Monte's presence or absence doesn't mean much in the end. His continuing presence would have tipped a good chunk of his fans into trying-buying 5e, but it also would have tipped his detractors away from trying-buying it. I myself have no special feelings about Monte, one way or the other. Or about 3.x; I certainly wouldn't describe it as a "very, very good" ruleset. I'd say "Good, with its share of caveats" is a better description.

I've read the 5e play test, and sporadically kept up with the news tidbits, and all of it made me think "Well, this is the first edition I feel absolutely no temptation to try or buy." In trying to write a game that will please everyone, WotC will lose me as a customer -- and a lot of other D&Ders. Unless you rely on organized play to get your gaming fix, why buy a "one size fits all [if you buy additional accessories]" when we already have our own "fits me like a glove" games?


Belle Mythix wrote:


One of the reasons Pathfinder is nicknamed "DnD 3.75" is because it has things in common with both 3.5 and 4E.

Really? Like what?

I mean, other than things 3.5 and 4E already have in common?

I always assumed 3.75 was because it was another version of 3.x.


Belle Mythix wrote:
One of the reasons Pathfinder is nicknamed "DnD 3.75" is because it has things in common with both 3.5 and 4E.

I thought the reason for the nickname was to keep it from being associated with 4E, and to acknowledge the natural progression from 3.5.

Osirion

Jerry Wright 307 wrote:
Belle Mythix wrote:
One of the reasons Pathfinder is nicknamed "DnD 3.75" is because it has things in common with both 3.5 and 4E.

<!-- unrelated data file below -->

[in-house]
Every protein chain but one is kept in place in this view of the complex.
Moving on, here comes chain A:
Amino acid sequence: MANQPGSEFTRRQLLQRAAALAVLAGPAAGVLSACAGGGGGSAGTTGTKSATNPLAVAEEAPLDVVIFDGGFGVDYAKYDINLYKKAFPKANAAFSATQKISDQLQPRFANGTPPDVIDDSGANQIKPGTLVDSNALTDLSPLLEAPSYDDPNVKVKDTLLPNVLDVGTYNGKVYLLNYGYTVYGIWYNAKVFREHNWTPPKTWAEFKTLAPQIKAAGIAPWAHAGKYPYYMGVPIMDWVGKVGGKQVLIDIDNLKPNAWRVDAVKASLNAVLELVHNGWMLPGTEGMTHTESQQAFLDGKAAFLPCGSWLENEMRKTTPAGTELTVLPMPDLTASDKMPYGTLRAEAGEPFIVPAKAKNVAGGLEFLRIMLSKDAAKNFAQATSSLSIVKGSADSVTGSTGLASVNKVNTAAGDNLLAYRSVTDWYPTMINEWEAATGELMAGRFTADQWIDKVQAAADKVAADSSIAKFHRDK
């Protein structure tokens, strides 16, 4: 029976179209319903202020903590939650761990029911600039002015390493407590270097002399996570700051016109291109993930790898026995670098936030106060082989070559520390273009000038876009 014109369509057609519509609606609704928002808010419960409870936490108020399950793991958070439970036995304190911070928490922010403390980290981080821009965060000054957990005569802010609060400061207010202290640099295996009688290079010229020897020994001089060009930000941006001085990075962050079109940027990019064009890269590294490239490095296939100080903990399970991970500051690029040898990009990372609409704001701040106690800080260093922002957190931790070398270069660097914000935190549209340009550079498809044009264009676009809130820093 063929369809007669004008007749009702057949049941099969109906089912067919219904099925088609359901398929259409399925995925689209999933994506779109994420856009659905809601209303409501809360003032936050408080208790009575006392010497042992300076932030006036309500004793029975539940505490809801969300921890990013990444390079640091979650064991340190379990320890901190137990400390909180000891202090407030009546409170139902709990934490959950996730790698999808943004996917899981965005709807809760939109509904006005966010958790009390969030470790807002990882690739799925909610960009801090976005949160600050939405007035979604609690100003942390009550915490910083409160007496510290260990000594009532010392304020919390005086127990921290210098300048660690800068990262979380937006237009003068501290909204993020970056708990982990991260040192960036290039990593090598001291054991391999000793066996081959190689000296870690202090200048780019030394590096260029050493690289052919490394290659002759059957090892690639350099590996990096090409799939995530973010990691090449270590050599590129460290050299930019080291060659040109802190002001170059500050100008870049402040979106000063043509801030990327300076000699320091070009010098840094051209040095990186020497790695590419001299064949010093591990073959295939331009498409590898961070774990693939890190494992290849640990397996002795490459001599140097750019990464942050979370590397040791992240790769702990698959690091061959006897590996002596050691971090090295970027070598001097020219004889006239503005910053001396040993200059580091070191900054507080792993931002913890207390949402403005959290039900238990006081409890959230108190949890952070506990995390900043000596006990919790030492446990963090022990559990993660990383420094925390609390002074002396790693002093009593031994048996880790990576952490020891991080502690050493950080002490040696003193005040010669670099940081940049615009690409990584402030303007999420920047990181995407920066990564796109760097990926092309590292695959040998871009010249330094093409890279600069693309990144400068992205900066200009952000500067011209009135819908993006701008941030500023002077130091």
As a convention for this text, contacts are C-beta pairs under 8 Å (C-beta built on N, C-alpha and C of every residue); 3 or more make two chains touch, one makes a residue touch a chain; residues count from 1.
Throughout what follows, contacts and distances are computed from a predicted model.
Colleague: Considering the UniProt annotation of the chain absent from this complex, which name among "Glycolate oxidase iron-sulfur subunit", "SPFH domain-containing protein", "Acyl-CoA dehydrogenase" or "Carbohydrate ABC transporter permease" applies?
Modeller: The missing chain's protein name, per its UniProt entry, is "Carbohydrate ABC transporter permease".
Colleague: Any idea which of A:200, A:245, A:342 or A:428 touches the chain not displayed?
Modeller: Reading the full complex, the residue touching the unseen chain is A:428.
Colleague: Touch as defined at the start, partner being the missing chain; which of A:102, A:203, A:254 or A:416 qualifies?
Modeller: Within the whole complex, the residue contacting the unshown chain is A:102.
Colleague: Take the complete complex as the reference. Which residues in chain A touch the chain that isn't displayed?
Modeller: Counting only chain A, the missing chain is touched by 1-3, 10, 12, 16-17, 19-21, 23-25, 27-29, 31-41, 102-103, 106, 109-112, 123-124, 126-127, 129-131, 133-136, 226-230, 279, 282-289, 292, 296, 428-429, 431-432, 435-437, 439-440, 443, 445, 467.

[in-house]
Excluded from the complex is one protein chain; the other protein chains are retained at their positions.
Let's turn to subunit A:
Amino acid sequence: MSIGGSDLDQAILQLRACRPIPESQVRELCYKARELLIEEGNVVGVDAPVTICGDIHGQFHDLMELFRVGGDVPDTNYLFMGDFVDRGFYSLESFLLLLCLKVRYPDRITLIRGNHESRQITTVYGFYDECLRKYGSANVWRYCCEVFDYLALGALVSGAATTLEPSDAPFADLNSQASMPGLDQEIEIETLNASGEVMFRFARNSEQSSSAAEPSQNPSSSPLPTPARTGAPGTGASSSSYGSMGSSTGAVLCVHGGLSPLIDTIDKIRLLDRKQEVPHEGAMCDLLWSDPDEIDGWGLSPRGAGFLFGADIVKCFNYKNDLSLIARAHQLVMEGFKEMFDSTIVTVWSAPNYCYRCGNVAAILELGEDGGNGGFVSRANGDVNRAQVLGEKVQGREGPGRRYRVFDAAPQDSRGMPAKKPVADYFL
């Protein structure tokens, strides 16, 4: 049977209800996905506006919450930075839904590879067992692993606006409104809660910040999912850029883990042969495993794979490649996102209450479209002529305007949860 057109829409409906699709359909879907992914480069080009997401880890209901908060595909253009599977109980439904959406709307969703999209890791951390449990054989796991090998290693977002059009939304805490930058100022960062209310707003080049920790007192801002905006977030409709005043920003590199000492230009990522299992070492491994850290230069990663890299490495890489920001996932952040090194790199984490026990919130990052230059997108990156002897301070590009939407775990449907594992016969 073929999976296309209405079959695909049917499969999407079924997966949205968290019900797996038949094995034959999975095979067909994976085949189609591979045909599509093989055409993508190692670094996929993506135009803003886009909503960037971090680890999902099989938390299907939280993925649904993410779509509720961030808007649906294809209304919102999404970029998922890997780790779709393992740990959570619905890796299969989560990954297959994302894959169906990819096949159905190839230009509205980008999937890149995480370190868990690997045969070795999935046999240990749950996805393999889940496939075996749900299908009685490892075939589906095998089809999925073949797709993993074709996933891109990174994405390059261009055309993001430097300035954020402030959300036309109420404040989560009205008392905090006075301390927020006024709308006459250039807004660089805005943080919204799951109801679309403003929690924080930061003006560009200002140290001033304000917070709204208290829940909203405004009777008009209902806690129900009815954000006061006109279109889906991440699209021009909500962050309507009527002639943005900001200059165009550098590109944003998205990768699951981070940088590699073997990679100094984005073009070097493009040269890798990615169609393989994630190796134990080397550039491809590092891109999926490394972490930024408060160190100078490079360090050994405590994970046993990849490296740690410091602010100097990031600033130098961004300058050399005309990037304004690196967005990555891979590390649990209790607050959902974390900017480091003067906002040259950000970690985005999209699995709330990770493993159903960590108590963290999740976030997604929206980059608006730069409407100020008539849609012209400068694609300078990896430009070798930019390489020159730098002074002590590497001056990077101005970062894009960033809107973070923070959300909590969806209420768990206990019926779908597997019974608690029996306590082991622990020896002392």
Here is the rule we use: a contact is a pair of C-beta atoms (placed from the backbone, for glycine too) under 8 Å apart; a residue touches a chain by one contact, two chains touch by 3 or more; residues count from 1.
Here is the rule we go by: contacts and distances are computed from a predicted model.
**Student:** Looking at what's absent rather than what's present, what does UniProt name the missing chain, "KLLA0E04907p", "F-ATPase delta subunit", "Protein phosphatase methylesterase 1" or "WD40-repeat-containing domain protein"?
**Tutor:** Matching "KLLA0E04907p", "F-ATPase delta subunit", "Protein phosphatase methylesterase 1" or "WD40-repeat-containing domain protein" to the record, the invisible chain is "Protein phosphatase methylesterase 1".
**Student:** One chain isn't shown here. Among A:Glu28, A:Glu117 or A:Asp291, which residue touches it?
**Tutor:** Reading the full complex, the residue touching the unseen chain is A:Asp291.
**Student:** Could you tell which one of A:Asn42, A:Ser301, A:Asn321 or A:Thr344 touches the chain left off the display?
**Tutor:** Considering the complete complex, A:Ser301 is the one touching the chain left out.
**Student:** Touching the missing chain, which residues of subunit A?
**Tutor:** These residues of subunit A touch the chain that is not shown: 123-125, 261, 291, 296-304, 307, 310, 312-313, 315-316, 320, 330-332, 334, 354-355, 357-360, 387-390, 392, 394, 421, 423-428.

I thought the reason for the nickname was to keep it from being associated with 4E, and to acknowledge the natural progression from 3.5.

I've always felt the 3.75 label to be unrealistic. There is far more different in 3.5 -> Pathfinder than in 3.0 -> 3.5.


Belle Mythix wrote:
Tharen the Damned wrote:
Diffan wrote:
I have a fair suspicion that Paizo was already in the process of doing their own 'Thing' *cough*Pathfinder*cough* right along with WotC doing their own 'Thing' *cough*4E*cough*.
The roots of pathfinder are Jason Bulmans House Rules for his 3.5 game. So yes, the rules that one day would be called pathfinder were already in the works. But not as an offical product but as one Paizo employees house rules.

And Golarion was/is James Jacobs homebrew setting.

One of the reasons Pathfinder is nicknamed "DnD 3.75" is because it has things in common with both 3.5 and 4E.

Your sort of missing the point I was making, in that I believe Pathfinder would've come out regardless if 4E debued, but in light of some information, it could be from the loss of Dragon and Dungeon magazines. *shurggs* I honestly don't care at this point, lol.

As for Pathfinder rules-wise I'm not seeing that much in comparison to 4E other than the fact that it's another Fantasy RPG in the market. It shares a lot of 'Lingo' (class names, feats, skills, and the d20 mechanic) but that's where it pretty much stops. Besides, I thougth the v3.5 moniker was used to explain that the changes Pathfinder made were significant to cause a re-print of a lot of used mechanics but had so many similarities to the older products that didn't call for a Edition 'up-grade'. Personally, I refer to Pathfinder as Paizo's Homebrew 3.5 myself.


@tequila,
If 3.x isn't a "very, very good" rule set, then what is?
Not bating, honestly curious.


@ Diffan I would also prefer to think of Pathfinder as Paizo's "house ruled" 3.5, but I think setting material has taken it somewhere beyond that.

Shadow Lodge

Grimmy wrote:

@tequila,

If 3.x isn't a "very, very good" rule set, then what is?
Not bating, honestly curious.
Tequila Sunrise wrote:
I'd say "Good, with its share of caveats" is a better description.

To me, it's saving grace is it's popularity, and nothing to do with the actual system itself.


Ok, but what is a great system then?


Grimmy wrote:
Ok, but what is a great system then?

Take a look at Mongoose Traveller, but after 30 years I'm *emotionally involved* at this point.


I just think, it doesn't have to be your favorite system, but saying 3.x isn't at least "very, very good" seems a little bit stingy.


1 person marked this as a favorite.
Grimmy wrote:
Ok, but what is a great system then?

I would say 3.5 is one of the better systems for its genre.

You will find people in this thread telling you how one is better than the other...when it is all down to that persons personal experience, preferences and expectations.